Chrissi Camden finds herself on a mysterious and spontaneous journey to the ancient King Roi, who may be able to lift her life-long and deadly curse. Unfortunately, the king calls her on this journey with not just her best friend, the intelligent Phil, but her archenemy and the rebel of their school. Together, the four make their way on a journey they never anticipated in a land much, much different than home, where a supernatural war takes place before their very eyes. As they fight strange and terrifying creatures, pass through eerie places and over treacherous terrain will this unique crew find their way home? And even greater, will they find the legendary king, who hasn't been seen or heard from for many generations?
Rich, three-dimensional characters, an intriguing mystery (or two), and fantastic world-building—this book has the elements that make a fantasy novel come to life. The strengths and imperfections of the main characters drew me in, as did the mystery surrounding Chrissi's lethal curse. I agree with one reviewer that the allegorical style of the journey through the fantasy realm reminded me of Pilgrim's Progress, with a modern twist.
While this novel tackles spiritual and internal issues, it also touches on very real concerns that plague the modern teen. From school bullying to difficulty connecting with parents and other adults, and even the subtle pitfalls in longtime friendships. The narrator also portrayed the teens' voices and emotions well.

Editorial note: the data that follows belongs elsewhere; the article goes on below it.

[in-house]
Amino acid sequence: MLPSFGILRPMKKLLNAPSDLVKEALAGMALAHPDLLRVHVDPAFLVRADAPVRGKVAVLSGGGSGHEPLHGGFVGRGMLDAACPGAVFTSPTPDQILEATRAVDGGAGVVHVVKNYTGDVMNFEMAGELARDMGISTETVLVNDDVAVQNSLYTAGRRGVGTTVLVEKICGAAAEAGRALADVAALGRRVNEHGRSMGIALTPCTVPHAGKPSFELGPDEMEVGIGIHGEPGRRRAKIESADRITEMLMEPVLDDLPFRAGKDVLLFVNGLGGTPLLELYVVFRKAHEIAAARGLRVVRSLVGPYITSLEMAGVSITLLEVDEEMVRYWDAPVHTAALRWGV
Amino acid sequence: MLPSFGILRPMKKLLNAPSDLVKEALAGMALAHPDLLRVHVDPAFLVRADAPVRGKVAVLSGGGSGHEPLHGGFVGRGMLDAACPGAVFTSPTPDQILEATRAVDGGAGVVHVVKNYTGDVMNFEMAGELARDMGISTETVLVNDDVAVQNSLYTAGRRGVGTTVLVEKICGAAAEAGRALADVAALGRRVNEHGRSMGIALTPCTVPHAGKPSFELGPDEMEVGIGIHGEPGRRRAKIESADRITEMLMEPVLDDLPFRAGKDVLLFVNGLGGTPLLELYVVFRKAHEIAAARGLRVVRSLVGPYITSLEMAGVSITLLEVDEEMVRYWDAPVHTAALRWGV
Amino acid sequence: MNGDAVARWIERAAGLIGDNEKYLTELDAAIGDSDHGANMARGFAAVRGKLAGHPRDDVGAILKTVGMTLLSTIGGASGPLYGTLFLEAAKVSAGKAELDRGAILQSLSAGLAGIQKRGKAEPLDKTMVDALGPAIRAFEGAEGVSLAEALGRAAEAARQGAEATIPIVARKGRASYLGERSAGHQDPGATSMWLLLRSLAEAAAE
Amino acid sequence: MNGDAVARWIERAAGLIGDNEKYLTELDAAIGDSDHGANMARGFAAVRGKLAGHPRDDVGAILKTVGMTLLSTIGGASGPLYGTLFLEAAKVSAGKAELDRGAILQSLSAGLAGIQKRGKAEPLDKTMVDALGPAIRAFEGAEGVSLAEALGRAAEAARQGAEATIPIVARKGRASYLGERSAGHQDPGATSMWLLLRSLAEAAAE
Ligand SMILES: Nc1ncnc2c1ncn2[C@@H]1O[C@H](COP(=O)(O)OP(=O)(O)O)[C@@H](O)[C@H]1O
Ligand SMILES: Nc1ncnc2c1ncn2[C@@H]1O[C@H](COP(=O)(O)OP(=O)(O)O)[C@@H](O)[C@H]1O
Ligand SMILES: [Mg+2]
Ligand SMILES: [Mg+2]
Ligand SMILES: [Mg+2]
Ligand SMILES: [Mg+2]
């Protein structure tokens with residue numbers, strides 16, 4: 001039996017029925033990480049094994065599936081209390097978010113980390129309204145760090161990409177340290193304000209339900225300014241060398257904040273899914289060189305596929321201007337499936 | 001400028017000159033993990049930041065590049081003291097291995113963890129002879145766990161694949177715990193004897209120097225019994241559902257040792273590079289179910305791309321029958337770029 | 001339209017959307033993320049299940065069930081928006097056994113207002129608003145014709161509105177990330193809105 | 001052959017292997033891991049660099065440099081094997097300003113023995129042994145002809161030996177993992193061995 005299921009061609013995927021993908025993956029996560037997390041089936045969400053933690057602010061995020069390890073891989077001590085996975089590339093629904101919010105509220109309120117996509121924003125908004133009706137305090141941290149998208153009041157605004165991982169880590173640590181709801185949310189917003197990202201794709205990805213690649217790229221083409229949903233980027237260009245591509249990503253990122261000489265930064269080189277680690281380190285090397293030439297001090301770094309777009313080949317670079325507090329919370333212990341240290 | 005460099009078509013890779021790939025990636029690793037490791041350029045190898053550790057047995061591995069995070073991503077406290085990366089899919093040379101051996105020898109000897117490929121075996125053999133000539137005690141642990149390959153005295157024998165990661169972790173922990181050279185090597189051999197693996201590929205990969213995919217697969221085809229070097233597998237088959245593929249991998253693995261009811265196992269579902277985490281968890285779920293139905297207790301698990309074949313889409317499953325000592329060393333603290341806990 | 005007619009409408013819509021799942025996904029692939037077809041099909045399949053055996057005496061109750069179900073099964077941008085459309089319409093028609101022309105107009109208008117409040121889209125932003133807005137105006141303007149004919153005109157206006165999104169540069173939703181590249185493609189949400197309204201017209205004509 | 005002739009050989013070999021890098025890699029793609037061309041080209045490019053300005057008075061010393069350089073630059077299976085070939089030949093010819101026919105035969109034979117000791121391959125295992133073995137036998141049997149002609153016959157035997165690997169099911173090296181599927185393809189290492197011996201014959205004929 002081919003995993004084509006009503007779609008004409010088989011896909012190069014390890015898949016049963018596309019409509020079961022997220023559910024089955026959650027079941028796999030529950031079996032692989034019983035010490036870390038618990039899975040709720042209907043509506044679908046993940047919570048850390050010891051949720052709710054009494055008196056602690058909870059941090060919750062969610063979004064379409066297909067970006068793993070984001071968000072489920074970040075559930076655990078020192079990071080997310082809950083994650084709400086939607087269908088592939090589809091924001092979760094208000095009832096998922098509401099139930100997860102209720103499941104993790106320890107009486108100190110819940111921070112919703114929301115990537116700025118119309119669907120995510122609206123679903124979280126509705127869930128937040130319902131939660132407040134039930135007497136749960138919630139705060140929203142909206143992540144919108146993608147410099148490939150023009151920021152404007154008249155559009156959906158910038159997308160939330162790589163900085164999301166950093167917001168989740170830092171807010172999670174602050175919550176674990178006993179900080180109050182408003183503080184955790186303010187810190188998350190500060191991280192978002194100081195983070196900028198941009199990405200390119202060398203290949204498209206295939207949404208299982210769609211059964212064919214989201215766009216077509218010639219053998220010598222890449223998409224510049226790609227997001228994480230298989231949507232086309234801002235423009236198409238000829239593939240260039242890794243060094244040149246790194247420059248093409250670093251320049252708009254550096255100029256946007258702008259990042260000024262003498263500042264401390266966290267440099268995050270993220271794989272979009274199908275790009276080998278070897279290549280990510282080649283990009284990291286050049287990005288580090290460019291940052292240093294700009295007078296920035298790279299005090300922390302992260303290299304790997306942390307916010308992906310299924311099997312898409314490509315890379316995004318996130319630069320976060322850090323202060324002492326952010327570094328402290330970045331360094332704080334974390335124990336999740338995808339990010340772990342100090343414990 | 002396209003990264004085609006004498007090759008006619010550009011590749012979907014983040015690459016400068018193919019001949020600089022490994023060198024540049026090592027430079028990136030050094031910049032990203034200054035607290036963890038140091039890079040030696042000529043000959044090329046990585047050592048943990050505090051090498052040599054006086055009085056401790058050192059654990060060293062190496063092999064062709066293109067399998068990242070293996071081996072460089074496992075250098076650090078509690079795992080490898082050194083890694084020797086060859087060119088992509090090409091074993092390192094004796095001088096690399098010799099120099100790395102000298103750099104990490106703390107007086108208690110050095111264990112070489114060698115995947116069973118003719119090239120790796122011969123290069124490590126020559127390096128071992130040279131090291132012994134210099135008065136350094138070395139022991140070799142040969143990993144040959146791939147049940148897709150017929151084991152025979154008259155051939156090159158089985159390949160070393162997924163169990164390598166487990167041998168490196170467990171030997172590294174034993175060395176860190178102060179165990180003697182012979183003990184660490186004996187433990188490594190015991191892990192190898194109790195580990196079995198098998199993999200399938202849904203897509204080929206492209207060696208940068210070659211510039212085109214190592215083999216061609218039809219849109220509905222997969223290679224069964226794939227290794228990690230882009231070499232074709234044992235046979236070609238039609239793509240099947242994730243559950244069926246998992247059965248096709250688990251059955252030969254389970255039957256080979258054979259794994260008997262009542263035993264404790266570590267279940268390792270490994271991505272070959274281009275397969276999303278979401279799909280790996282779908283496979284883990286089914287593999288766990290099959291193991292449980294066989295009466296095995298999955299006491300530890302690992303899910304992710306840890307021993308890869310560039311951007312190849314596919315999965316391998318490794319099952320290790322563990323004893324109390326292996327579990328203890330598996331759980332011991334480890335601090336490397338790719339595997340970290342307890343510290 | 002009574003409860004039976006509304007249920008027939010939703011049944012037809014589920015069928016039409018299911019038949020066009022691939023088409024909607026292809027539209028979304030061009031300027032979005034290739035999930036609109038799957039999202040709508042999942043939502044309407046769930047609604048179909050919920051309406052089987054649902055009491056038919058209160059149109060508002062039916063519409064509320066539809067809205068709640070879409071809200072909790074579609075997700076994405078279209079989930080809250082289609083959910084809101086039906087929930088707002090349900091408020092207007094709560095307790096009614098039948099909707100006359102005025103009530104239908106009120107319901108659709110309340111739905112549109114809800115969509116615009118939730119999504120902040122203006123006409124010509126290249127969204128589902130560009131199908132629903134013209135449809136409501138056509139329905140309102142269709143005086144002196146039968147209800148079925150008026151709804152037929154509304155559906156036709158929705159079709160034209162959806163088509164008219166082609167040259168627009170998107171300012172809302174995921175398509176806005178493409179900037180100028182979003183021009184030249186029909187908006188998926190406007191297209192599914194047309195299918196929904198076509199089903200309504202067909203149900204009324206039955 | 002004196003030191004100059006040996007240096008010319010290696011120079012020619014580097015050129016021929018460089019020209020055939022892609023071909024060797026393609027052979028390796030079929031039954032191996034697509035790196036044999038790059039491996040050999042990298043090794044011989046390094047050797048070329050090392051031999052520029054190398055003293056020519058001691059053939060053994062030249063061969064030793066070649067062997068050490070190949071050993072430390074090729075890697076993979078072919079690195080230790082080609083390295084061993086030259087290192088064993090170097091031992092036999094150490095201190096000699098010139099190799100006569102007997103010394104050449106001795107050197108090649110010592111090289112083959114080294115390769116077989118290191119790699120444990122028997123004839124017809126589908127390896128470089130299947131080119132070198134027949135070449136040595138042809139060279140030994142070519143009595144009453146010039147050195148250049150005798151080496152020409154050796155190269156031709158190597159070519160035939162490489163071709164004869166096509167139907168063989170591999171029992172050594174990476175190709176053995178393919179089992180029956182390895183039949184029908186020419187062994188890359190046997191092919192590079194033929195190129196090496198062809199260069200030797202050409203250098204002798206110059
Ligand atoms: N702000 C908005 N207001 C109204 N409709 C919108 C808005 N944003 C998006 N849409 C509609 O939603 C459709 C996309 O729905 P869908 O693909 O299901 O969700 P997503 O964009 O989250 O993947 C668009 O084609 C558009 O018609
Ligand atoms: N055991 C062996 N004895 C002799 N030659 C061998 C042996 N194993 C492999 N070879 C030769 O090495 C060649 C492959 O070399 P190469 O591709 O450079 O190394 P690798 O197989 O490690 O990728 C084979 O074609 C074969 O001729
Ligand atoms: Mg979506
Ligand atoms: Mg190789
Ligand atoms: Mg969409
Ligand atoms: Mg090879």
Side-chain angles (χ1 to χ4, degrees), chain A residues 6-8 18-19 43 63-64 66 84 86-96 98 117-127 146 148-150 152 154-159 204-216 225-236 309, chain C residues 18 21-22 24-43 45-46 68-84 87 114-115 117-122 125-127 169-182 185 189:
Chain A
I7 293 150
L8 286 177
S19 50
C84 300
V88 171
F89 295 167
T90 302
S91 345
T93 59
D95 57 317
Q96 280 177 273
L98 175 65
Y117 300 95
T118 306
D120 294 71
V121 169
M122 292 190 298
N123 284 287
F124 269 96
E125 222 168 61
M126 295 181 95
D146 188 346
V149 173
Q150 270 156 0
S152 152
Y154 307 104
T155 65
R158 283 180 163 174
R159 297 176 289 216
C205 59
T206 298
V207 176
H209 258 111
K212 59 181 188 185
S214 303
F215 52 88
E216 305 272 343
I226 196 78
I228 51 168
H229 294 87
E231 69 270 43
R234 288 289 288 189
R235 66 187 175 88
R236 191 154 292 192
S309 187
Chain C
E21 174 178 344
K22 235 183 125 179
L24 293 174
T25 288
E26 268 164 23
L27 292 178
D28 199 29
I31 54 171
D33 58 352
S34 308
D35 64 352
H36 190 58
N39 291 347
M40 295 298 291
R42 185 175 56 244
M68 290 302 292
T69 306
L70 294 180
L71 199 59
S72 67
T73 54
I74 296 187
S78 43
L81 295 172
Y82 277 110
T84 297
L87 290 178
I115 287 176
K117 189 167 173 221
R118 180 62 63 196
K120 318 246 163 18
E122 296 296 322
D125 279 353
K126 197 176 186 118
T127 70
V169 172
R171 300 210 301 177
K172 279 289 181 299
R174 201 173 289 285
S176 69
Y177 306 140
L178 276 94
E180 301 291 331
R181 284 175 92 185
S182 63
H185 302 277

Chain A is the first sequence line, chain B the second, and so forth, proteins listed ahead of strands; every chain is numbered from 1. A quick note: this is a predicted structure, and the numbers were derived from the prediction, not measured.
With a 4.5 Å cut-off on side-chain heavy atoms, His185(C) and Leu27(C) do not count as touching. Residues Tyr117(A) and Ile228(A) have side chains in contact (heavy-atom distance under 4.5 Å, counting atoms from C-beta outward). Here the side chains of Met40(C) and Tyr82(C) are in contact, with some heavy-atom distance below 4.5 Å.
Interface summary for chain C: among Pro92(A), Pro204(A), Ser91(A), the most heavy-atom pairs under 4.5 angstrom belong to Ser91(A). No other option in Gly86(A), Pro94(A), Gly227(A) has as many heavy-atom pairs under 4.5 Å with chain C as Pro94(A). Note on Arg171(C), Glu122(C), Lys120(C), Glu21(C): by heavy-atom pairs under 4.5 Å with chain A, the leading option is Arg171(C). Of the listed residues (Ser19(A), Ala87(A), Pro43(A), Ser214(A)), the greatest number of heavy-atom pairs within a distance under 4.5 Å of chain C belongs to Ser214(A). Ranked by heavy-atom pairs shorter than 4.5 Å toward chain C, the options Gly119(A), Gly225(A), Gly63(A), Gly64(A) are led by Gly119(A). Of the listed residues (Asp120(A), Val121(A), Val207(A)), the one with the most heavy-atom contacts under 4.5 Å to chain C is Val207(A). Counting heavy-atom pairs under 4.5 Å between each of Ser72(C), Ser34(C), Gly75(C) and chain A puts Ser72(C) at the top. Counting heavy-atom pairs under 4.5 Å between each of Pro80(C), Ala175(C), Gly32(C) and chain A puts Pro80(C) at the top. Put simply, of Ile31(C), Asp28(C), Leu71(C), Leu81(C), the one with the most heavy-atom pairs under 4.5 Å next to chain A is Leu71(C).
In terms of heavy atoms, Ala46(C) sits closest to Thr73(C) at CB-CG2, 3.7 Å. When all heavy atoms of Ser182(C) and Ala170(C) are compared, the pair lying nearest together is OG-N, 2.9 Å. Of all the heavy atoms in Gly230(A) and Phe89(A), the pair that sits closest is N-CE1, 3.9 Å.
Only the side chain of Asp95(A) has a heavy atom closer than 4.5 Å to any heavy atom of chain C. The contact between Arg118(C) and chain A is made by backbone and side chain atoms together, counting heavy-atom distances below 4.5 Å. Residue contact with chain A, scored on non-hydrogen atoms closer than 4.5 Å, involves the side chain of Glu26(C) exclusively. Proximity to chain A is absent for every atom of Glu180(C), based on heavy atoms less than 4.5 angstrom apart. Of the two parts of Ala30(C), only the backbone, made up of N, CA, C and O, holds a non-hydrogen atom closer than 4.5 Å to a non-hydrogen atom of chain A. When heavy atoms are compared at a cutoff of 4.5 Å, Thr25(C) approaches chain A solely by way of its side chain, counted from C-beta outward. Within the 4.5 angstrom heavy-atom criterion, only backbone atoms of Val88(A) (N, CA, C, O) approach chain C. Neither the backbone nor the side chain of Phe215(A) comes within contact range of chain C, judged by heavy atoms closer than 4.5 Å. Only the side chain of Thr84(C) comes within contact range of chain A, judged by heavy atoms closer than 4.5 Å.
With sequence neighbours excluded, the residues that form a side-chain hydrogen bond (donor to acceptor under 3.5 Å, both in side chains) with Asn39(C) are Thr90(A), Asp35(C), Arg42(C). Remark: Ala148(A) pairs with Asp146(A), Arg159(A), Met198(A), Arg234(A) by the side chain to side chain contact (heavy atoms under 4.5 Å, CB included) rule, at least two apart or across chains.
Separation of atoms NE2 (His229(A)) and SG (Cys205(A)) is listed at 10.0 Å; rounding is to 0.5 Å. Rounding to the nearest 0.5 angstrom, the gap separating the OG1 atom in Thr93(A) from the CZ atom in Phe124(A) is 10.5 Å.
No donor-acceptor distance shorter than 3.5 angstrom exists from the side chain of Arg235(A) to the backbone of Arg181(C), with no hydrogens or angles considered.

It is rare that I will finish, let alone give so high a rating to, a book that jumps around in point-of-view as much as this one does. I would be firmly immersed in the events through Chrissi's perspective, experiencing her emotions and thoughts as my own, then the author would reveal the thought of another character in the scene. This would be fine if the book were written in true omniscient POV (not my favorite, but a valid style). However, much of the narrative starts out in close third (deep in the mind of a single character) then jars us out of that into another's perspective. The author does at least make it clear whose thought we are reading at any given moment, which helps.
The only other issues I had with the book were the constant whining of the school bully during the journey and the slow start to the story. While we get a fantastic picture of Chrissi's life at the beginning, we spend most of it sitting in a tree with her, with no movement to the current plot whatsoever. The character development and mystery we see in all this backstory (basically Chrissi's memories of how life has been growing up with her curse) are intriguing, but they could have been sprinkled in while the current story got moving.
The author's skill in storytelling, deep character development, and gift for sprinkling in clues to both resolve and deepen the mystery wove together to overcome the book's weaknesses—so much that I'm planning to read the sequel.